Everything was covered in snow. Our car, the leafless trees and the small museum/visitor’s center for the Battle of Austerlitz that had been at the mercy of the elements all morning was slumbering beneath a layer of wet snow. The nearby Cairn of Peace Memorial (Pamatnik Mohyla miru) was fringed with an icy frosting. Meanwhile, the snow continued to fall like white rain, weighing everything down. I never could have imagined that beautiful and deadly name of Austerlitz would henceforth be associated in my mind with a snowstorm. Thoughts of the great battle fought here were lost on me under a storm of soggy snowflakes and ice pellets. My wife followed close behind me hoping that we would soon find shelter indoors. Our sense of relief was considerable when I turned the knob, pushed inward and the door to the museum opened. It was hard to believe that the site was open to visitors.
A Novel Approach – Guided By The Tour
We were soon met by two smiling staff members, a couple of younger Czechs who looked as though they could not be any older than thirty. We remarked that it was a surprise to see them, or that matter anyone, considering the weather. They shrugged the snowfall off as just a fact of winter. According to the two men, everyone had come to work that morning. Even so we were the only visitors on this grim morning. I soon got the distinct impression that they were glad to see us. Both men were upbeat, pleasant and ready to give us a tour of the exhibits. This was a level of customer service I was not used to experiencing in a museum. Usually one is left on their own to browse exhibits as they please. In this case, we were to be accompanied throughout our visit to the museum. We would soon learn that there was good reason for a guide to be with us throughout.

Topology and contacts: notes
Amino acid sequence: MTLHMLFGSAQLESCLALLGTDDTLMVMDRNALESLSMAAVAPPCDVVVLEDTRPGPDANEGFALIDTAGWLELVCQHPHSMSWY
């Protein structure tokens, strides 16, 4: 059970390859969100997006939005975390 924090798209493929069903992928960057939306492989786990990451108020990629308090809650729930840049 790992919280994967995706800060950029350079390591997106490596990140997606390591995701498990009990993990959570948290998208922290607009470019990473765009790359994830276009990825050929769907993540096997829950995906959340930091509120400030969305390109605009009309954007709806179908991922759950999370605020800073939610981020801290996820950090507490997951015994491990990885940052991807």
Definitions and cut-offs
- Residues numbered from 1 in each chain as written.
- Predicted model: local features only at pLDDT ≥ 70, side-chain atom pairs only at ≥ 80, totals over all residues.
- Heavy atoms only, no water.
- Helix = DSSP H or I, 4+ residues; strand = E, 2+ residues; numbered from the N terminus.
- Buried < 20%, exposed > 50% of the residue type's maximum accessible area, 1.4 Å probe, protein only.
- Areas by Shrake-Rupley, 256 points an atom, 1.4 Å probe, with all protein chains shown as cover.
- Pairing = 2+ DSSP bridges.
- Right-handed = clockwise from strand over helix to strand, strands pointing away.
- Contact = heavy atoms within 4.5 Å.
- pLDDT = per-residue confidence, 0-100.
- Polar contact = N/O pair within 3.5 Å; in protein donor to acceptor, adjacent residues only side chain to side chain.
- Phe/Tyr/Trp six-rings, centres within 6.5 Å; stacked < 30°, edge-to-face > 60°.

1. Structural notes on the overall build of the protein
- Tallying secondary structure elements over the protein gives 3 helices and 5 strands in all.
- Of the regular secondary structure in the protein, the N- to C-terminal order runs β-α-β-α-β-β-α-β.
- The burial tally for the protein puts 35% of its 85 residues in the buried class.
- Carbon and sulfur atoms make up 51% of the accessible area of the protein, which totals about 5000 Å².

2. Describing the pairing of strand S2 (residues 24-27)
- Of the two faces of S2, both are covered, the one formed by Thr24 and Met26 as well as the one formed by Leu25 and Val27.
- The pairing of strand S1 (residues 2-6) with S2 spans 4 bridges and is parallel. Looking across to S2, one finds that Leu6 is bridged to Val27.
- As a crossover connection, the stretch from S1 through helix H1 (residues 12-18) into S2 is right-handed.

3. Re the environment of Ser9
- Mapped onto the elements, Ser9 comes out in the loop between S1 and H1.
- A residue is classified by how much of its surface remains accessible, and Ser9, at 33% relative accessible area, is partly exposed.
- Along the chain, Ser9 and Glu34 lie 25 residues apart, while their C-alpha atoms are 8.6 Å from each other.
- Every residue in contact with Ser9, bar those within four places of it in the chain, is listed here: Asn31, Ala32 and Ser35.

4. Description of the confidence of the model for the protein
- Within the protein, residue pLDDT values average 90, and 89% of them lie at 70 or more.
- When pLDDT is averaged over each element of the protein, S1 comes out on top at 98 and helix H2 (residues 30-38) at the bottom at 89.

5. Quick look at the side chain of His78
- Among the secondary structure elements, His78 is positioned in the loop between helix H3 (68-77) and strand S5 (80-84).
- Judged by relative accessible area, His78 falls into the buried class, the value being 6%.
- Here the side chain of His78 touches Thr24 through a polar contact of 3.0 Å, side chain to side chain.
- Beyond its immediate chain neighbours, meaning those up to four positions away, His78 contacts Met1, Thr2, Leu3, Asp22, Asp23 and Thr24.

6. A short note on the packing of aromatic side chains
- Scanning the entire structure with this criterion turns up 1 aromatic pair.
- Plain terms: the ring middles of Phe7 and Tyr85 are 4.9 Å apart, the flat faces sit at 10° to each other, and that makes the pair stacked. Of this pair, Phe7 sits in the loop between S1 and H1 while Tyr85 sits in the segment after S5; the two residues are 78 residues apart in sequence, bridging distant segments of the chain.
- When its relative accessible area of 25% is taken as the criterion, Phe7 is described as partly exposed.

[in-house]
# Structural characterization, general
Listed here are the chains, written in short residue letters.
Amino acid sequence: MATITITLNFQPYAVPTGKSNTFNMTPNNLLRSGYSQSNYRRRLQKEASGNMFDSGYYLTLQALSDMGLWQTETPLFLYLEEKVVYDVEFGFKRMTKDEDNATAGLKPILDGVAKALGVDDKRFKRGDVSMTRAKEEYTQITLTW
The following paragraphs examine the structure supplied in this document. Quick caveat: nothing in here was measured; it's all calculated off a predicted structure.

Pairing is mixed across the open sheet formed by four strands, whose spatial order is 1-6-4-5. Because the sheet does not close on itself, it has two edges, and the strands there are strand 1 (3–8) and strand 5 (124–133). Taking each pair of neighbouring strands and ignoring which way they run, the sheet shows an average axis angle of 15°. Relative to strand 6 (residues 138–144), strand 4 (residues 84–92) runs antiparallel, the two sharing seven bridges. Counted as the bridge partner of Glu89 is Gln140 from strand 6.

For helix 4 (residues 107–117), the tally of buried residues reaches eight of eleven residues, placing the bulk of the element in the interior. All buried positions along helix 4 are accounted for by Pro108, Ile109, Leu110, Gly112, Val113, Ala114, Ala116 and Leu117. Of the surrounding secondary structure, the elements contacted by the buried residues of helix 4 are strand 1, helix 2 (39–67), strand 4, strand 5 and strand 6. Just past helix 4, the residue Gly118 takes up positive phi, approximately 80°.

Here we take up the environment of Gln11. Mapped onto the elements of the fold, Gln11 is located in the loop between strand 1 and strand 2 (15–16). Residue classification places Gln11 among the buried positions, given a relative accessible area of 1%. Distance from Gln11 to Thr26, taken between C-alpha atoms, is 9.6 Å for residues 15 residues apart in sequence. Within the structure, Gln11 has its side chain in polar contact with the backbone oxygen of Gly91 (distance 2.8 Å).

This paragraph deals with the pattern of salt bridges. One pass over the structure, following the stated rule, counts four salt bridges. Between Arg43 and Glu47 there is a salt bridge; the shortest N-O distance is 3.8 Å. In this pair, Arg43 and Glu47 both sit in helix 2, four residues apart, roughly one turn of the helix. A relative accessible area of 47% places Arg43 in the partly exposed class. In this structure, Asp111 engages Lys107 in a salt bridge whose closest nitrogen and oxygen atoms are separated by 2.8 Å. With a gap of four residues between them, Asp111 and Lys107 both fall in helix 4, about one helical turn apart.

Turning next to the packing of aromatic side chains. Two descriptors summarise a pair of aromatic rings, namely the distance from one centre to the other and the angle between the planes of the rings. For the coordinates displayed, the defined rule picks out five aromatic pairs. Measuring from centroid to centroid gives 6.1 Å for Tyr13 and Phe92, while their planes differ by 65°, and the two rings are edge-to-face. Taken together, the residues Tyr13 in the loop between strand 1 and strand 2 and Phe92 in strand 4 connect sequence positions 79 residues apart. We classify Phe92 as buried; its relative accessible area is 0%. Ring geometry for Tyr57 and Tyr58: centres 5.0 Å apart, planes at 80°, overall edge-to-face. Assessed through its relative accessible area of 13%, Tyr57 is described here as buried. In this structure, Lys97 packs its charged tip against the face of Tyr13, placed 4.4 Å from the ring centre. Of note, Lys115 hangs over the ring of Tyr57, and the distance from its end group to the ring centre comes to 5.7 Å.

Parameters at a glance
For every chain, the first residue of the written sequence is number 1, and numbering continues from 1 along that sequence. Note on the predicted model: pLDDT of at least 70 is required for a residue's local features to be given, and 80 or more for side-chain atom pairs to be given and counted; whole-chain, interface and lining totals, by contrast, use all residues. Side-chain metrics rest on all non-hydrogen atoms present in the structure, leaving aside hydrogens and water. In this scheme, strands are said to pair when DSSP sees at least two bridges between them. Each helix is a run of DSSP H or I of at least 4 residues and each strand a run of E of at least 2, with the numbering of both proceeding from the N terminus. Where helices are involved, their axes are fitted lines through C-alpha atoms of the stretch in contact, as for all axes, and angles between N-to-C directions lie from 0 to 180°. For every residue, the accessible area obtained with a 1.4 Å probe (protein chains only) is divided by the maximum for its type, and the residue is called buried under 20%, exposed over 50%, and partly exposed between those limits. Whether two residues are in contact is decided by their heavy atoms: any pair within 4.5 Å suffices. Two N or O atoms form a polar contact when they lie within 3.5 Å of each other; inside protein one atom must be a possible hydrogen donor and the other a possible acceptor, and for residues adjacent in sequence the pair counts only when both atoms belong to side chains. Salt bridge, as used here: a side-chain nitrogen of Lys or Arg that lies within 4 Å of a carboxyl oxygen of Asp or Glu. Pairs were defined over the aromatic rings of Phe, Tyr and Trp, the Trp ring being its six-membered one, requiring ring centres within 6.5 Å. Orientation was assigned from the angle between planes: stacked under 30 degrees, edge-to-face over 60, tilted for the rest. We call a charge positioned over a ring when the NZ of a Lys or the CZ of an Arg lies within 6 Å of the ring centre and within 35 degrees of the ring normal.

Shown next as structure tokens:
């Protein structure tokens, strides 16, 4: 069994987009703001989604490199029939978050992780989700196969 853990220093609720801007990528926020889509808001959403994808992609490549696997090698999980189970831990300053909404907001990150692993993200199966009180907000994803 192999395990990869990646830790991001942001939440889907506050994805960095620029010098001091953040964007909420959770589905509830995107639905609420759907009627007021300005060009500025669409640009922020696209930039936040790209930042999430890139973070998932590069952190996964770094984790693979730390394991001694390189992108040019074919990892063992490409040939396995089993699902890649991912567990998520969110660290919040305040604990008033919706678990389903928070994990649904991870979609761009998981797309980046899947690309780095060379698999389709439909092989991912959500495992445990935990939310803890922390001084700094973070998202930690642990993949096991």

The exhibits were a strange hybrid of traditional and quixotically new. There were the requisite artifacts such as weapons, shells and smaller accoutrements. Their uniqueness came from the fact they had been found on-site, other than that there was nothing unusual about them. While we perused these artifacts, our guide stood beside us the entire time. I had trouble understanding why he was accompanying us until we entered another room where the lights went down, the floor began to shift and we saw a film that gave us the first-hand experience of soldiers on the verge of battle. The multimedia production was partially operated by the guide, thus his presence beside us throughout the tour. The problem with this and the ensuing rooms was that the staging of such an elaborate production overrode our ability to comprehend the battle. It was an attempt to put the visitor inside the battle, replicating the experience rather than attempting to retrospectively understand what had occurred at Austerlitz.
Lost In The Process – Shades Of Genius